Of the long N-S fossil transform faults seen in the bathymetry of the Wharton Basin, the nearest one to the National Earthquake Information Center (NEIC) epicenter (50 km to the east, denoted as “F” in Fig. 4) lies close (∼177°) to the strike of the near–N-S fault plane of this earthquake and is itself to the west of the IFZ. We consider it implausible that such a large earthquake could have occurred so close to, and parallel to, a major plane of weakness (fracture F) but on a causative fault without a bathymetric signature. We therefore suggest that the N-S rupture of the Wharton Basin earthquake actually occurred on fracture zone F and that the NEIC location results from the well-known difficulty of locating earthquakes in the middle of oceans far from seismic stations. Our inversions locate slip relative to the hypocenter, and thus, with this interpretation, the E-W rupture initiation is shifted onto the IFZ, a distance of ∼45 km to the east of fracture F in this region (Fig. 4). The off-fault aftershocks to the northeast of the epicenter, two of which are reliably relocated (Fig. 3), lie close to the IFZ. The remainder of the aftershocks are either associated with the N-S rupture plane or lie to its west. The E-W rupture plane in this earthquake is consistent with the expected orientation of the ridge fabric. Closer examination of the predicted bathymetry (12) shows small elongated ridges northwest of this earthquake (not seen on the scale of Fig. 1) trending 75°, the strike of the second rupture plane.

Rupture on the long N-S–trending feature F is similar to the observation 1000 km farther northwest in the Wharton Basin (5), thus extending the region of known similar active deformation within the Indo-Australian plate. Motion on the conjugate E-W fault indicates that there is a component of NW-SE compressional deformation, in addition to shear on the N-S–trending faults. This is different from the region northwest of the hypocenter, as well as the 90ER, where some shortening occurs by thrust earthquakes (Fig. 1). Some of the other strike-slip earthquakes in the Wharton Basin having nodal plane directions similar to this earthquake may actually have ruptured on E-W nodal planes, a possibility that might otherwise be ignored because of the prominence of the N-S bathymetric features. Even though concurrent rupture on conjugate planes is rare, an example of rupture on conjugate planes in close proximity in time does exist. In November 1987, a M w = 7.2 earthquake on a fault trending near–E-W in the Gulf of Alaska was followed less than 2 weeks later by a M w = 7.8 earthquake on the conjugate N-S fault (11). These two earthquakes reactivated a fossil transform and a fossil ridge.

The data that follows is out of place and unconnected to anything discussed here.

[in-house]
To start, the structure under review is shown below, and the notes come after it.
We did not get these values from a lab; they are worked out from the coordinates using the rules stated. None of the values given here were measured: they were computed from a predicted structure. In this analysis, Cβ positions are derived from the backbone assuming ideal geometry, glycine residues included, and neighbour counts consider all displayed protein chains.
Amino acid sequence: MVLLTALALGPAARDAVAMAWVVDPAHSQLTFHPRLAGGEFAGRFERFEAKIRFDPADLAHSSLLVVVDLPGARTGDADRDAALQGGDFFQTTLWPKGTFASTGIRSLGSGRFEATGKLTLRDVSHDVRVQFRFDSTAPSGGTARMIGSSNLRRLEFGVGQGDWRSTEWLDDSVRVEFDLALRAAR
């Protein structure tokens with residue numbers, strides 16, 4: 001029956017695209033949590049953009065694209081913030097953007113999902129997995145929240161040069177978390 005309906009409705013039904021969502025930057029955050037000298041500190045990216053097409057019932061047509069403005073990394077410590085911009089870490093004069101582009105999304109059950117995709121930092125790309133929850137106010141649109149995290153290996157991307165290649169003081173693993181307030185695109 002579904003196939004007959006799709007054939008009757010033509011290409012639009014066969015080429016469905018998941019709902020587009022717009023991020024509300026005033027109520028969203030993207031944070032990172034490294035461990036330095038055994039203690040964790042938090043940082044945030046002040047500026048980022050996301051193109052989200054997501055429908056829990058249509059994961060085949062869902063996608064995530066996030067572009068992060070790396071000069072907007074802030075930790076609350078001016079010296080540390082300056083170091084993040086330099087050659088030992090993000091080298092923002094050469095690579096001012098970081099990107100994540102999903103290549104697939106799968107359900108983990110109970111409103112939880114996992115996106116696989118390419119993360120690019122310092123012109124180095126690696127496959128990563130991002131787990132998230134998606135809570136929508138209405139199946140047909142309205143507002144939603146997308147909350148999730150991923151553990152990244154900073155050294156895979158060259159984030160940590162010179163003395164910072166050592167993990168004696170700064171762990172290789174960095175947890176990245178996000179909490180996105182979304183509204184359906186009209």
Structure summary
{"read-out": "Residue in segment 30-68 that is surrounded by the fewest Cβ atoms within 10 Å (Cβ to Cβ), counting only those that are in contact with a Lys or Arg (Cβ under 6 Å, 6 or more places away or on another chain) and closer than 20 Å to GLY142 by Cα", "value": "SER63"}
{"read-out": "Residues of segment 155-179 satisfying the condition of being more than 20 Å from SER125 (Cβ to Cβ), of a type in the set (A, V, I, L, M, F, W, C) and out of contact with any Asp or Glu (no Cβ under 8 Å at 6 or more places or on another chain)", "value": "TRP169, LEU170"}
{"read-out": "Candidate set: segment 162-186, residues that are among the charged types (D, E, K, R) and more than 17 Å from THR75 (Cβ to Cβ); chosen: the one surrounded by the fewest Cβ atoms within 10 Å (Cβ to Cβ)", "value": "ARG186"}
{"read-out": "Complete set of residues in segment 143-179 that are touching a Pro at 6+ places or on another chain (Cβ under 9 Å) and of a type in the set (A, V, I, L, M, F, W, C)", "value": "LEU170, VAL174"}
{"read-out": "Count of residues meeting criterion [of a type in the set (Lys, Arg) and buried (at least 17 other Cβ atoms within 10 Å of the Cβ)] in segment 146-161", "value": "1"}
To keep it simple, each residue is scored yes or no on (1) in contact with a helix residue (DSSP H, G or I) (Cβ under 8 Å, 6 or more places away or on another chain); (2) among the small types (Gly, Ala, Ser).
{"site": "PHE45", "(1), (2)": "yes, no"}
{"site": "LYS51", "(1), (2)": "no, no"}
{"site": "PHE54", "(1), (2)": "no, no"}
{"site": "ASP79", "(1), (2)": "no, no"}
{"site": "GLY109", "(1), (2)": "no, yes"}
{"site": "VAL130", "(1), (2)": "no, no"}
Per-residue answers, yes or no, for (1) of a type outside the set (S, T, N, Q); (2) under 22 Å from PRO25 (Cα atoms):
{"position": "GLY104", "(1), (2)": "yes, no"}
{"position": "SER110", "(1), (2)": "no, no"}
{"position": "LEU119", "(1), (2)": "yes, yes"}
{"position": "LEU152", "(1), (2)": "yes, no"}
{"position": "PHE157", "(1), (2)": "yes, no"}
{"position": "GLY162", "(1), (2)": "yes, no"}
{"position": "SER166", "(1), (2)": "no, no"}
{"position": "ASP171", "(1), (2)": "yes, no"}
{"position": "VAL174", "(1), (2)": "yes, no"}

The spatial complexity of the rupture process of the Wharton Basin earthquake could not have been recognized by inspecting its moment rate function (Fig. 4), owing to the overlap of the two subevents in time [Web fig. 3 (6)]. Because of the previous lack of high-quality digital data with good azimuthal coverage of stations, particularly for earthquakes in remote parts of Earth, moment rate (source time) functions have been converted in some studies to spatial moment distributions on faults simply by adjusting them by a constant rupture velocity. This procedure makes the widespread implicit assumption that spatial complexity always manifests itself as complexity in the moment rate function, and complexity of plate boundaries in the past have been judged by looking at time functions of the source process of individual earthquakes. For this earthquake, such an assumption would have precluded identification of the eastward rupture and overestimated the length of the N-S one.

The occurrence of this large- and high-stress drop earthquake shows that large stresses can accumulate in an intraplate region of distributed deformation. The fact that there are no large earthquakes to the east of the IFZ suggests that the region of present-day active seismic deformation is smaller than the region of distributed deformation (Fig. 1) accumulated over millions of years and identified from the long-wavelength gravity field (2), a property also seen at the western side of the region. The region of deformation thus appears to be localizing with time onto a narrower N-S region.

  • * To whom correspondence should be addressed. E-mail: das{at}earth.ox.ac.uk